Wisconsin has many things to be proud of, but its reputation with alcohol isn't one of them. The state rates number one in the country for binge drinking and recently spent over $450 million dollars in property damage, hospital bills, funeral expenses and other costs related to drunk driving accidents in a 12 month period. During that same year, 37 percent of all traffic accidents in Wisconsin were related to alcohol consumption.
Some feel that the state does not take drunk driving seriously enough. For example:
- Wisconsin is one of only a dozen states that prohibit sobriety checkpoints.
- A first drunk driving offense is considered a civil offense, not a crime.
- Drunk driving does not become a felony until your fourth offense.
Some recent legislative changes tighten up what many consider laws that are too lenient.
Penalties may seem lenient, but they still hurt
When comparing Wisconsin's laws to those in other states, you might be tempted to agree that they are lax. However, if you are the one facing an operating while intoxicated charge, you may quickly change your mind.
Even a first offense carries consequences that can disrupt your life. With every subsequent conviction, you can expect the penalties to become more severe. Some of the punishments you may face include:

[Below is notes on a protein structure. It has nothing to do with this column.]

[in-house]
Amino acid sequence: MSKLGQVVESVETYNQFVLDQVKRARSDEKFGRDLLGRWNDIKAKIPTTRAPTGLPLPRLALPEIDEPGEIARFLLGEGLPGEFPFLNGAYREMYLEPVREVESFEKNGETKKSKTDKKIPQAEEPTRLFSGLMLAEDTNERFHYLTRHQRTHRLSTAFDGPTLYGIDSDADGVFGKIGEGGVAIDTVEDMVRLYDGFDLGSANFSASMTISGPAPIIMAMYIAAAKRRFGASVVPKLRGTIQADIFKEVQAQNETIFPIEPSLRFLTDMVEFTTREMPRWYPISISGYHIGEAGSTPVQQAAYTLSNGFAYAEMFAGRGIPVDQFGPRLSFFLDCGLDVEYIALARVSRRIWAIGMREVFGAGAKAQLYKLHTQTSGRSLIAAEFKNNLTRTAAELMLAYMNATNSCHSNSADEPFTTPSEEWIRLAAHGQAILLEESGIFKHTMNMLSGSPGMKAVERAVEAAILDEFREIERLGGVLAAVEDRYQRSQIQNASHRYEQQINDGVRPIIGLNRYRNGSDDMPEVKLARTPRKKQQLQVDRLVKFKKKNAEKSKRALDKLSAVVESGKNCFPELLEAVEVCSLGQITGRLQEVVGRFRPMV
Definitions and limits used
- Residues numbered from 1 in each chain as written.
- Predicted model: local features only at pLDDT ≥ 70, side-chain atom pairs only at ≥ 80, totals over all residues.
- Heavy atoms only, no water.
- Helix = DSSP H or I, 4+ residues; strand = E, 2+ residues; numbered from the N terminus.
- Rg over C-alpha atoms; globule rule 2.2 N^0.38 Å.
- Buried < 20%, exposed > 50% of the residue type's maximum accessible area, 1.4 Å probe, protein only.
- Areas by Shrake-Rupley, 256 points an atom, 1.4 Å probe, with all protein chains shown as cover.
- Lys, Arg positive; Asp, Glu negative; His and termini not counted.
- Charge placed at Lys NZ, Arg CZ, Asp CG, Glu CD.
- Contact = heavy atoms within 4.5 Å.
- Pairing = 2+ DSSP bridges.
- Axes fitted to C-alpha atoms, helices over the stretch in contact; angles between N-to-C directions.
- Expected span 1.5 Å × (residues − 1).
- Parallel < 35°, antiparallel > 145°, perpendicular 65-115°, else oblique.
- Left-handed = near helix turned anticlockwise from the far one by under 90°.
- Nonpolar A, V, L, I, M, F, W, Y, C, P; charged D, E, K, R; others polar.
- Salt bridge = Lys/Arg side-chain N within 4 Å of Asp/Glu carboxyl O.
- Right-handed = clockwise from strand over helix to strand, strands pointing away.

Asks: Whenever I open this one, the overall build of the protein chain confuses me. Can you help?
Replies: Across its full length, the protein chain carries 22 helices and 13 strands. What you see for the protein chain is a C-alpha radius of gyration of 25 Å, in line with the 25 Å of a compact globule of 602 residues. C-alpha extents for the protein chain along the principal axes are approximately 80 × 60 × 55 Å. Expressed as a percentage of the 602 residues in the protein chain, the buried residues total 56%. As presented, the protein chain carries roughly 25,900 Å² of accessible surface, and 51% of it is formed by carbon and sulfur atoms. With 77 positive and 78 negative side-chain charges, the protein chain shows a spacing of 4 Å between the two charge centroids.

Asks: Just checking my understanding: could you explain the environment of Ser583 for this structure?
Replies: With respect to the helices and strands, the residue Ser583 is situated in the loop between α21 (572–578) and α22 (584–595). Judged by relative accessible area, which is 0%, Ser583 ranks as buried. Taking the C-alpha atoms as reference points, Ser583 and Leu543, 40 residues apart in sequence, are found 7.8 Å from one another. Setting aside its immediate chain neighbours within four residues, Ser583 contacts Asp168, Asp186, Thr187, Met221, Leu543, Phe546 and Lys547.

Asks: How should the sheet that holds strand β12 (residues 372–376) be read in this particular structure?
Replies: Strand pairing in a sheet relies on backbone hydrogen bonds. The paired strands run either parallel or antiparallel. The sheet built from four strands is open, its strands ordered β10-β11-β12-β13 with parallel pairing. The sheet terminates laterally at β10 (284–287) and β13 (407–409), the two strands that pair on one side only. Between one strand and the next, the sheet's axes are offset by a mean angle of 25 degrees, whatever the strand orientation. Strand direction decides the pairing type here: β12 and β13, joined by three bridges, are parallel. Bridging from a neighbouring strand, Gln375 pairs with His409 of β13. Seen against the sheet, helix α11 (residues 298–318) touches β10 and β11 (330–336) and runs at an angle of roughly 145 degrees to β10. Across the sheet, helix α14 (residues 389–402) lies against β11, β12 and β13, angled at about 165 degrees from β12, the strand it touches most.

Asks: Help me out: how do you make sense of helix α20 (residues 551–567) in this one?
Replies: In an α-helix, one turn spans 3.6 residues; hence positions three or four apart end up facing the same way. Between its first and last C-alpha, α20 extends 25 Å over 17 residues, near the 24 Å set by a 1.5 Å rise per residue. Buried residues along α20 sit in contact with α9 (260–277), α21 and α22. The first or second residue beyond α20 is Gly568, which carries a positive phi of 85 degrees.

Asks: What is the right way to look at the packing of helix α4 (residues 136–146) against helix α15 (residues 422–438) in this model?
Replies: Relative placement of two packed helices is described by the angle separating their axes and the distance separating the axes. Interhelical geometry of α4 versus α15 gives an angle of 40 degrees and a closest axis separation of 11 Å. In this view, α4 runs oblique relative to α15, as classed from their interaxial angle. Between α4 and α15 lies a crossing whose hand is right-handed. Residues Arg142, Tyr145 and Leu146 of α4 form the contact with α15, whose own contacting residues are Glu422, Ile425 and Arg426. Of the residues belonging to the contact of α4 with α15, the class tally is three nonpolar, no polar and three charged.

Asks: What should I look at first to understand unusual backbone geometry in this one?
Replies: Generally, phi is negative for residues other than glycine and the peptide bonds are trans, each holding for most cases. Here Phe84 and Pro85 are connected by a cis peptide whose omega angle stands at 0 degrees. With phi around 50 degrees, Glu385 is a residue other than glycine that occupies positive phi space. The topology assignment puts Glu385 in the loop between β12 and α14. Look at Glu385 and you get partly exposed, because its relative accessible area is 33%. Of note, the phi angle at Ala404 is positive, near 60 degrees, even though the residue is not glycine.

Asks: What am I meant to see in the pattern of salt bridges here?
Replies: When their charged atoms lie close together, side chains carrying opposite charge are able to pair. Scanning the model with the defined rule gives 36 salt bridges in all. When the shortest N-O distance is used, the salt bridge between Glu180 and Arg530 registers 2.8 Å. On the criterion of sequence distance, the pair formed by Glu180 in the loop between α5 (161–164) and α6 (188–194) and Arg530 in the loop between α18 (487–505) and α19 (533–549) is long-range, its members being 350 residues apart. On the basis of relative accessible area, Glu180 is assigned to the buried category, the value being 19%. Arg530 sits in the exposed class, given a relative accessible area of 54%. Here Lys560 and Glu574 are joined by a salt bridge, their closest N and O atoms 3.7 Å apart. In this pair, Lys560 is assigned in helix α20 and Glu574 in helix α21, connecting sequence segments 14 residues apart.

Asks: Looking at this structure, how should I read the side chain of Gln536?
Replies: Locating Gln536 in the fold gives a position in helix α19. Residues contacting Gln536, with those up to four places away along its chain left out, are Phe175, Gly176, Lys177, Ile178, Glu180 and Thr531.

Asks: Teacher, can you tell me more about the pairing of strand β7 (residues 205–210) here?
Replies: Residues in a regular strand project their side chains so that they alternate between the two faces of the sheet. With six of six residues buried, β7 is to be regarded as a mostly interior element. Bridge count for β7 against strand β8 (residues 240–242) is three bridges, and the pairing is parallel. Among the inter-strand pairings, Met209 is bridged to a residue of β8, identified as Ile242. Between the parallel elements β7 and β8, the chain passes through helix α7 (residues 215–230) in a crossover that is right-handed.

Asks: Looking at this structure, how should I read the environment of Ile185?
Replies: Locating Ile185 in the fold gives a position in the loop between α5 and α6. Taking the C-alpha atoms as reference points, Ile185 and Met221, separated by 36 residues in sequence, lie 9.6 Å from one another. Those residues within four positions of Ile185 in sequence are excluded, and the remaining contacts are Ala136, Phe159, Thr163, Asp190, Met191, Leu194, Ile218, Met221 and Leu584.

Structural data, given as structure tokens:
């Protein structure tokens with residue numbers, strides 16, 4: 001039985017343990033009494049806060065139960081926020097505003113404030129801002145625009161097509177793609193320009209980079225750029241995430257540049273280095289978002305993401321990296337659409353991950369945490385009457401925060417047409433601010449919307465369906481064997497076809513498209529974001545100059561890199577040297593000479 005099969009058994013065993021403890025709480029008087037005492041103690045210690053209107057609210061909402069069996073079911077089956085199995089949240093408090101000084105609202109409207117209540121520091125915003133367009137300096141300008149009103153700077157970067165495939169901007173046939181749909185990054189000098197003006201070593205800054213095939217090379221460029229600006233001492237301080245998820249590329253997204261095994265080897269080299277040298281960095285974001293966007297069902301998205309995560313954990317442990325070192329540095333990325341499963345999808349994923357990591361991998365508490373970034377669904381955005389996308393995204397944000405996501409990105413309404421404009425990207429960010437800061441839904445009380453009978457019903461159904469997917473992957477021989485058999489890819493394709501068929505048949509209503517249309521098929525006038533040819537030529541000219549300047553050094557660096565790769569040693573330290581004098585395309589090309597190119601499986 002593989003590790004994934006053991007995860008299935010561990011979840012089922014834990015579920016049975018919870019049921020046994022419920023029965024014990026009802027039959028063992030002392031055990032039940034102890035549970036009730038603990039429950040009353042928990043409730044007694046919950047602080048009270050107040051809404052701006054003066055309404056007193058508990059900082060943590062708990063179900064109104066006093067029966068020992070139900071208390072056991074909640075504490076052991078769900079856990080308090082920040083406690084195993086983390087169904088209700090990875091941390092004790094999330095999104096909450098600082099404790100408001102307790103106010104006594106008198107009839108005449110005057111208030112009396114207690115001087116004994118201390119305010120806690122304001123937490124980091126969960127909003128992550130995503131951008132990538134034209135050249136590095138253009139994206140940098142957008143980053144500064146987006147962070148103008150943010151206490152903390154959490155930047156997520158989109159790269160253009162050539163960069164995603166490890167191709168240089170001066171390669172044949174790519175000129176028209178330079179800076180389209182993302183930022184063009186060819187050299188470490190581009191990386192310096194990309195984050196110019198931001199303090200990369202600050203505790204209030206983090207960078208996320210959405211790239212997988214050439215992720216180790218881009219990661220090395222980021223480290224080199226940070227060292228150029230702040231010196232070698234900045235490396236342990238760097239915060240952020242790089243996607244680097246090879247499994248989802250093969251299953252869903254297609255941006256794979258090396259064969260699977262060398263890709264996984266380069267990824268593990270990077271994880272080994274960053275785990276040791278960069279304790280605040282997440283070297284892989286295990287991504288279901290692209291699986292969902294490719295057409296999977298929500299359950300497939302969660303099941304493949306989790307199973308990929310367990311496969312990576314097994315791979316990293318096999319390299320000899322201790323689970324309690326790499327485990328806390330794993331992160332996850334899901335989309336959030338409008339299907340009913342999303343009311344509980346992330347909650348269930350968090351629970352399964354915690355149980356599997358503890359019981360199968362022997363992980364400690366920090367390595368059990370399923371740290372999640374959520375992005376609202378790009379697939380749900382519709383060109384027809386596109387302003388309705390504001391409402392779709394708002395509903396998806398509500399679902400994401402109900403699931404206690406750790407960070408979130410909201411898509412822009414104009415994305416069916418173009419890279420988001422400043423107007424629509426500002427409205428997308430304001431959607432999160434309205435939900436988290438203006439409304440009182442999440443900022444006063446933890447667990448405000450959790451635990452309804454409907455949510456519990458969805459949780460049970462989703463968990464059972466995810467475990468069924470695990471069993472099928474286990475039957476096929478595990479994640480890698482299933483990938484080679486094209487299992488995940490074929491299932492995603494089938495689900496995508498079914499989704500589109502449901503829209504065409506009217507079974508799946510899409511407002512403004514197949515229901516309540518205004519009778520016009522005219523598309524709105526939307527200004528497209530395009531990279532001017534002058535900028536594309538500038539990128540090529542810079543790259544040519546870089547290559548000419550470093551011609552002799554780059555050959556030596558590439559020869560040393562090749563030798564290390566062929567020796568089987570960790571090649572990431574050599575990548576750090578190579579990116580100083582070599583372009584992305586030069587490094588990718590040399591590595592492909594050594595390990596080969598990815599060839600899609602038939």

- Jail time after your first offense
- Loss of driving privileges
- Required installation of ignition interlocking device
- Mandatory substance abuse treatment
Having an OWI on your record could also damage future opportunities in many areas of life.
Changes in laws aim to prevent drunk driving
In the past, if you were pulled over under the suspicion of OWI, you had the right to refuse a blood alcohol test. This often left police with little more than the results of a field sobriety test to take to court.
A new law now allows arresting officers to request a warrant to compel you to comply with a blood or breath test. It is important to know that an officer cannot demand such a test without a warrant.
Another bill recently signed into law changes the fourth offense to an automatic felony charge. Previously, it was only a felony if you were arrested within five years of your third offense. That same law increased the penalties for your fifth and sixth OWI conviction.
Your fourth conviction also used to allow you to request a review after a certain period of time to determine if you would be given an occupational driver's license. The occupational license allowed you to drive for employment and other limited reasons. However, the new law eliminates this review, which may leave you with few options for getting to work.
Protecting your legal rights
When you are pulled over for OWI, you may be scared. You certainly may not be thinking clearly. Having legal representation as soon as possible will make a difference in the outcome of your case.
Even if you have already submitted to a blood alcohol test, or this is not your first offense, your attorney understands how to challenge the test results and other evidence police may claim to have against you. Consulting an attorney for advice will ensure that your rights are protected and the best possible outcome will be achieved.